2015 ORS 163.545¹
Child neglect in the second degree

(1) A person having custody or control of a child under 10 years of age commits the crime of child neglect in the second degree if, with criminal negligence, the person leaves the child unattended in or at any place for such period of time as may be likely to endanger the health or welfare of such child.

(2) Child neglect in the second degree is a Class A misdemeanor. [1971 c.743 §174; 1991 c.832 §2]

Notes of Decisions

Legislative intent is clearly that this sec­tion compli­ment ORS 163.555 (Criminal nonsupport) (crim­i­nal nonsupport) and reach two different types of con­duct, so where defendant left child unattended in car, causing death, defendant's acts of omission were subject to pros­e­cu­­tion under this sec­tion rather than ORS 163.555 (Criminal nonsupport). State v. Rosen, 38 Or App 107, 589 P2d 1132 (1979)

Where defendant's husband had history of violence toward her and her children and she had been warned by case worker that his presence around children was risky, leaving their child in care of husband while she performed brief errand was not sufficient evidence of crim­i­nal negligence necessary to support con­vic­­tion under this sec­tion. State v. McLaughlin, 42 Or App 215, 600 P2d 474 (1979), Sup Ct review denied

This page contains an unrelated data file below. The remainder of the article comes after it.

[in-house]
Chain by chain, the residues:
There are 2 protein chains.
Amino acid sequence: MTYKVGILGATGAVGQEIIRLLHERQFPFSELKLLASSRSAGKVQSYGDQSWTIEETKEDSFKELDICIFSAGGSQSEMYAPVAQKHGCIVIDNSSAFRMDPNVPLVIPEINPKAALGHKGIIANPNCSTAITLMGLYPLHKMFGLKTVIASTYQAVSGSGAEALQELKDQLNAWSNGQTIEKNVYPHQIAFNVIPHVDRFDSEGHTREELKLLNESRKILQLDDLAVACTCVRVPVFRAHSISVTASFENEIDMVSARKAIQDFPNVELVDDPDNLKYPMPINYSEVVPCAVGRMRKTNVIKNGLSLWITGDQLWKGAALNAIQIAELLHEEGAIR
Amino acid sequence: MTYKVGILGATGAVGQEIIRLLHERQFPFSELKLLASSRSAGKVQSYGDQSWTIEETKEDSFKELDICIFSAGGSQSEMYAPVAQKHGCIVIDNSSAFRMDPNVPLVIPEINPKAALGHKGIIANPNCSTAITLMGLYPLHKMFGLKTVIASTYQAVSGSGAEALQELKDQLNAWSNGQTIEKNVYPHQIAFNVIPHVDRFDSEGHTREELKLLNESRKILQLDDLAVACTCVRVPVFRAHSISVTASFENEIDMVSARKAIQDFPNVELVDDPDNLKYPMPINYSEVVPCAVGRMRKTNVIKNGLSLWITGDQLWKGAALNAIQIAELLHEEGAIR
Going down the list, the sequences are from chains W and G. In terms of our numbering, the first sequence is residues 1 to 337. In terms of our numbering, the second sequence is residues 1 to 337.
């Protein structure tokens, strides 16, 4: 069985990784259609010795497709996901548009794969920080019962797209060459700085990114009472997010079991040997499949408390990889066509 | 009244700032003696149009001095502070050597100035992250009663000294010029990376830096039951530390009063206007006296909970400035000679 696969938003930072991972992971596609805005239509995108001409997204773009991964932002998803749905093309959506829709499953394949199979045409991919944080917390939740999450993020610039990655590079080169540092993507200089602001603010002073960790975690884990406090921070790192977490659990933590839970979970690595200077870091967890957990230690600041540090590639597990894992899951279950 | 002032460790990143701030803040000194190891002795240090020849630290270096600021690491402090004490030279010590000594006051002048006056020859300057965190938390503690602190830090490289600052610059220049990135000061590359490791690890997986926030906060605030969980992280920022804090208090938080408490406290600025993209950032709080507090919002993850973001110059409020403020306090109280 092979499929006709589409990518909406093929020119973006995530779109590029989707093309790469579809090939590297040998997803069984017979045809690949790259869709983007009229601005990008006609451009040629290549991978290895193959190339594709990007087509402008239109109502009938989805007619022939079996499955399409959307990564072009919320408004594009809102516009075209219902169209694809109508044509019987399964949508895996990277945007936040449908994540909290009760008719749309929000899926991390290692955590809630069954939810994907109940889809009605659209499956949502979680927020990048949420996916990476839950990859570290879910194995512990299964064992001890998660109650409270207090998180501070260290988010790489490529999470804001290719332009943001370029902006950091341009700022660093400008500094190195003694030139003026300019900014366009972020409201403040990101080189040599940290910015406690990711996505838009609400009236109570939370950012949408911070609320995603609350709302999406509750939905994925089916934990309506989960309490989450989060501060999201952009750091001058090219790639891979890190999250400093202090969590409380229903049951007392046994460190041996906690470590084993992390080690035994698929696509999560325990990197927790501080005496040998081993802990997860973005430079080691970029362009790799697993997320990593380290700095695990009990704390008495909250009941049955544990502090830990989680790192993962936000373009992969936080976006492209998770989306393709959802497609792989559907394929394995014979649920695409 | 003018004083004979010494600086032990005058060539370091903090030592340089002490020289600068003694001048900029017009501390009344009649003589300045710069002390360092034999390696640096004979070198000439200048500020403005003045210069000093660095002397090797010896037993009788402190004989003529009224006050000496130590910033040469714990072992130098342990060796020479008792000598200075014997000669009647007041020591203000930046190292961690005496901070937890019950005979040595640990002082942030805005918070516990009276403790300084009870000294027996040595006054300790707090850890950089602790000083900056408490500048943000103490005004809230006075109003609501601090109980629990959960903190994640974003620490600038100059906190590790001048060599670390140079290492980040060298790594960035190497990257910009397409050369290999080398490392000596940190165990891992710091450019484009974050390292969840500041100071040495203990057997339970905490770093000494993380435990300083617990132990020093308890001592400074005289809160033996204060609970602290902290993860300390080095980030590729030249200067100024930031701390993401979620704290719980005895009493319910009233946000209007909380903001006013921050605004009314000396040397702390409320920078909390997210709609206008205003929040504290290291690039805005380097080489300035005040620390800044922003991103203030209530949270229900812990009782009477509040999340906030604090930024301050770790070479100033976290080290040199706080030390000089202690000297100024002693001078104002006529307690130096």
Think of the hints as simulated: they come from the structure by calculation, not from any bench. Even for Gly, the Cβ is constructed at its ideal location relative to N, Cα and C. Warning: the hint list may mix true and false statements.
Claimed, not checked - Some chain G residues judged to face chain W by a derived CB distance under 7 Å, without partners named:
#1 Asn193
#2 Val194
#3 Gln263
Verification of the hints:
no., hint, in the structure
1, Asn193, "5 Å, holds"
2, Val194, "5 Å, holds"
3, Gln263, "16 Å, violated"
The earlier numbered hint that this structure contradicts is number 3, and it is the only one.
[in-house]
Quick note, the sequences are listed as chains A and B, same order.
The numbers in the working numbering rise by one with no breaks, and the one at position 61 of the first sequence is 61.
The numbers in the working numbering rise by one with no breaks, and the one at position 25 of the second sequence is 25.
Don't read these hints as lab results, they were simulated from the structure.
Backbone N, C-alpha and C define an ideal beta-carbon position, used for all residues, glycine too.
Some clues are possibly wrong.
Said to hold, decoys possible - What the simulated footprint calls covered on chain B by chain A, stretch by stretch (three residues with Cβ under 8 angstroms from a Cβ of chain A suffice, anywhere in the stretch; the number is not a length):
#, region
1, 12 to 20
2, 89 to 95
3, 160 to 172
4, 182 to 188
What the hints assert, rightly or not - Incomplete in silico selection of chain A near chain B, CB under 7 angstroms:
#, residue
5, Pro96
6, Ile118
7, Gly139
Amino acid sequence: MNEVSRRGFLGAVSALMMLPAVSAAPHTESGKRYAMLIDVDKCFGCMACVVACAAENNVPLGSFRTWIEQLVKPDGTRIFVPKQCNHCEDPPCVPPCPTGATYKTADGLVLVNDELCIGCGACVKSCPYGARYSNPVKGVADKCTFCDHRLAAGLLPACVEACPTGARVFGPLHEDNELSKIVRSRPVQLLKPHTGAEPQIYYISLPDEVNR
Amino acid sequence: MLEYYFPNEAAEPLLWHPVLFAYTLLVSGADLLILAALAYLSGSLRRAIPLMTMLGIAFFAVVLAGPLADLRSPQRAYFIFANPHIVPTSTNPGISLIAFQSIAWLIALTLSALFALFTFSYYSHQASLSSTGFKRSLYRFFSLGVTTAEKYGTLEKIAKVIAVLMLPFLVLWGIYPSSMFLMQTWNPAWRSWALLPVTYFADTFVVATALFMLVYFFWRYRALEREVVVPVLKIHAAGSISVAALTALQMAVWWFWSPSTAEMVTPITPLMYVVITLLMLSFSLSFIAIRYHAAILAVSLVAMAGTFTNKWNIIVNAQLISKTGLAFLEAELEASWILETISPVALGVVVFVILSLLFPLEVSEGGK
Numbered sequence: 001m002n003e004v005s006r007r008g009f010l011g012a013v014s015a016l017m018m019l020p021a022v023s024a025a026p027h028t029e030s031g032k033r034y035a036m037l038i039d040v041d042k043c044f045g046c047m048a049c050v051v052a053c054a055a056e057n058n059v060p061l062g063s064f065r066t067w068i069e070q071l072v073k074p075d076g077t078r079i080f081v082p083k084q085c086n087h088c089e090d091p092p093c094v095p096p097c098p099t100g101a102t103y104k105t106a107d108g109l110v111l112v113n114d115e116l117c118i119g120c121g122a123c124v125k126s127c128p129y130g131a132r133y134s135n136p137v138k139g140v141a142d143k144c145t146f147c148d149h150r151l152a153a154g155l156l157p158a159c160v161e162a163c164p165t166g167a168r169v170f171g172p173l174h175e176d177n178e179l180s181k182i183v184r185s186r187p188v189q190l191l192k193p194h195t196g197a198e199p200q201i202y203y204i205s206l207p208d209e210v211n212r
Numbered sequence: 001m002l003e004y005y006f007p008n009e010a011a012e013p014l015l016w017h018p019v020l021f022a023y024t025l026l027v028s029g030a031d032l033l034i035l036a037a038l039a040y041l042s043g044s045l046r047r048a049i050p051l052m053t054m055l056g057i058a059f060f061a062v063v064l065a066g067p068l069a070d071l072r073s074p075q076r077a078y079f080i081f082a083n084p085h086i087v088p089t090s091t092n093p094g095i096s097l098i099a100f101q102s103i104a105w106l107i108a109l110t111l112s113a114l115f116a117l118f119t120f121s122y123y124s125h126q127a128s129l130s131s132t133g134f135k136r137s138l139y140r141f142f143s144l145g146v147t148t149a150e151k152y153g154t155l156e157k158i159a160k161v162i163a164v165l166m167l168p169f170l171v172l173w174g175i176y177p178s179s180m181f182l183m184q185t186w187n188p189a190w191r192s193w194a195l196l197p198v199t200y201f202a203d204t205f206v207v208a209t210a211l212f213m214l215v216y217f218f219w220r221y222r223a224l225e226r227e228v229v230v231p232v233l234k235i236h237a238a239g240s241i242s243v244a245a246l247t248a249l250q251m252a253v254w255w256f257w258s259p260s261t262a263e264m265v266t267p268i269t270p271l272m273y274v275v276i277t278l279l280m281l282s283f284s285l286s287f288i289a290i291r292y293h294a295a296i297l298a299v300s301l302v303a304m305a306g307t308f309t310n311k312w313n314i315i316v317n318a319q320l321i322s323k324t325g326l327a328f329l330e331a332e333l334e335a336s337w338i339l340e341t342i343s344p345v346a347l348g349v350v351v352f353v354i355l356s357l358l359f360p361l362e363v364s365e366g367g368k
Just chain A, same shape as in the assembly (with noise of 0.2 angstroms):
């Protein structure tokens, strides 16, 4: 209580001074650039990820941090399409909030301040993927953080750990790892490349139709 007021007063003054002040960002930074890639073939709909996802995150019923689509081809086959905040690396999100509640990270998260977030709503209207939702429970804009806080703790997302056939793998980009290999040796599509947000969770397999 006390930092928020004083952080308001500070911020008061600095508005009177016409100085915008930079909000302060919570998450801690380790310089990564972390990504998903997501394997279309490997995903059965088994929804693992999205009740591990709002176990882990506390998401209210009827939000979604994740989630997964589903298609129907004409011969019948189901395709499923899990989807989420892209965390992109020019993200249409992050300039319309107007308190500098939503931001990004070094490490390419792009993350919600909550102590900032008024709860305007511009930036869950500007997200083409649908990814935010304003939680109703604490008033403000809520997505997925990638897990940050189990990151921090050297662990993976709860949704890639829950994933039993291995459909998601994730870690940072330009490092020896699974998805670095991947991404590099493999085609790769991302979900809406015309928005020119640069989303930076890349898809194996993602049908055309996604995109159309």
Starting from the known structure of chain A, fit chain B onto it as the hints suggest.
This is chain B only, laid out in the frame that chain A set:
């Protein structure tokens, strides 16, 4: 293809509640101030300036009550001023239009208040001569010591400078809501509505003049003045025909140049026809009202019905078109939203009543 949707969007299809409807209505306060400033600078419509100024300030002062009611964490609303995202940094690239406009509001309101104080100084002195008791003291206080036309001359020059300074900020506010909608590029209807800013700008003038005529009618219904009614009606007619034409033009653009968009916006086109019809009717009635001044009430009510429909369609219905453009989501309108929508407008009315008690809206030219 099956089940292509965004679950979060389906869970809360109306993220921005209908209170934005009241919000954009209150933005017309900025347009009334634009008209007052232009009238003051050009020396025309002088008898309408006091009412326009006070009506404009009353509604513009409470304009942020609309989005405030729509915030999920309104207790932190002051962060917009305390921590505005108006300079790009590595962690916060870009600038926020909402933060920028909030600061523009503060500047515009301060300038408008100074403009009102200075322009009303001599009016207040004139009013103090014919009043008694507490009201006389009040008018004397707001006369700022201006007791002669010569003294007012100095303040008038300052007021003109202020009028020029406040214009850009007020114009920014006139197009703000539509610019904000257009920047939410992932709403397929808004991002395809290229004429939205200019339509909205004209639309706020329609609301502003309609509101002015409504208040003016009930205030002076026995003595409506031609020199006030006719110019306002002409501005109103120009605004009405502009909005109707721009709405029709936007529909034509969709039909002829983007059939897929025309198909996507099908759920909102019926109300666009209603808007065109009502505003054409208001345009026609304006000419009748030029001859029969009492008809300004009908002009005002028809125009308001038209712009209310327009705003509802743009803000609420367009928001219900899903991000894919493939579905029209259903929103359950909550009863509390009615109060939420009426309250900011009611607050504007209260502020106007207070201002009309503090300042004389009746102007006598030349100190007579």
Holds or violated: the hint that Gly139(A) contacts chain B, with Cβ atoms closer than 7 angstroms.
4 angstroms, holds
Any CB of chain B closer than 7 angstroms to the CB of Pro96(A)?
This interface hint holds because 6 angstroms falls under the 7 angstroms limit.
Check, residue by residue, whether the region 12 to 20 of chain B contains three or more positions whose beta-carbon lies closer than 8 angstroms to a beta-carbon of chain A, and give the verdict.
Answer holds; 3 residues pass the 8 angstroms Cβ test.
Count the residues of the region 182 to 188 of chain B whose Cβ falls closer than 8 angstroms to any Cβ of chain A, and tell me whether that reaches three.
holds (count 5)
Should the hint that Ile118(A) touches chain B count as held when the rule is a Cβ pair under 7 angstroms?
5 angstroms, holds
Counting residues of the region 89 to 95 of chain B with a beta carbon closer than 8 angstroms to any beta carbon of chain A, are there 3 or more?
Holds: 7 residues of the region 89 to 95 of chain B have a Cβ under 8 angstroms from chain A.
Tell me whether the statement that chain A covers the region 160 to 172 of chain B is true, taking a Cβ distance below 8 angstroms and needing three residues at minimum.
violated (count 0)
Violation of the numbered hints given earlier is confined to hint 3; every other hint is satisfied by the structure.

Since this sec­tion provides fair notice of con­duct it forbids and proscribes only con­duct which constitutes gross devia­tion from normal standard of care, it is not unconstitu­tionally vague. State v. Mills, 52 Or App 777, 629 P2d 861 (1981), Sup Ct review denied

Though sanitary condi­tions of defendant's home were deplorable, defendant's leaving child with older brothers and sisters for one to two hours while grocery shopping did not constitute leaving her "unattended." State v. Forcum, 58 Or App 5, 646 P2d 1356 (1982)

Where defendant left children alone in house at night to attend party at tavern, adults who lived in house were cigarette smokers and matches and candles were lying around and children died from house fire there was sufficient evidence to find defendant guilty of child neglect under this sec­tion. State v. Goff, 297 Or 635, 686 P2d 1023 (1984)

For defendant to be guilty under this sec­tion, there must be sufficient evidence of both factual ele­ments of endangering welfare of child and mental state or culpability ele­ment. State v. Goff, 297 Or 635, 686 P2d 1023 (1984)

Offense Requires Proof That

1) leaving child unattended was likely to endanger health and welfare of child; 2) risk of harm occurring was substantial and unjustifiable; and 3) defendant's lack of awareness of risk of harm was gross devia­tion from normal standard of care. State v. Paragon, 195 Or App 265, 97 P3d 691 (2004)

Law Review Cita­tions

51 OLR 428 (1972)

Chapter 163

Law Review Cita­tions

51 OLR 427-637 (1972)


1 Legislative Counsel Committee, CHAPTER 163—Offenses Against Persons, https://­www.­oregonlegislature.­gov/­bills_laws/­ors/­ors163.­html (2015) (last ac­cessed Jul. 16, 2016).
 
2 Legislative Counsel Committee, Annotations to the Oregon Revised Stat­utes, Cumulative Supplement - 2015, Chapter 163, https://­www.­oregonlegislature.­gov/­bills_laws/­ors/­ano163.­html (2015) (last ac­cessed Jul. 16, 2016).
 
3 OregonLaws.org assembles these lists by analyzing references between Sections. Each listed item refers back to the current Section in its own text. The result reveals relationships in the code that may not have otherwise been apparent.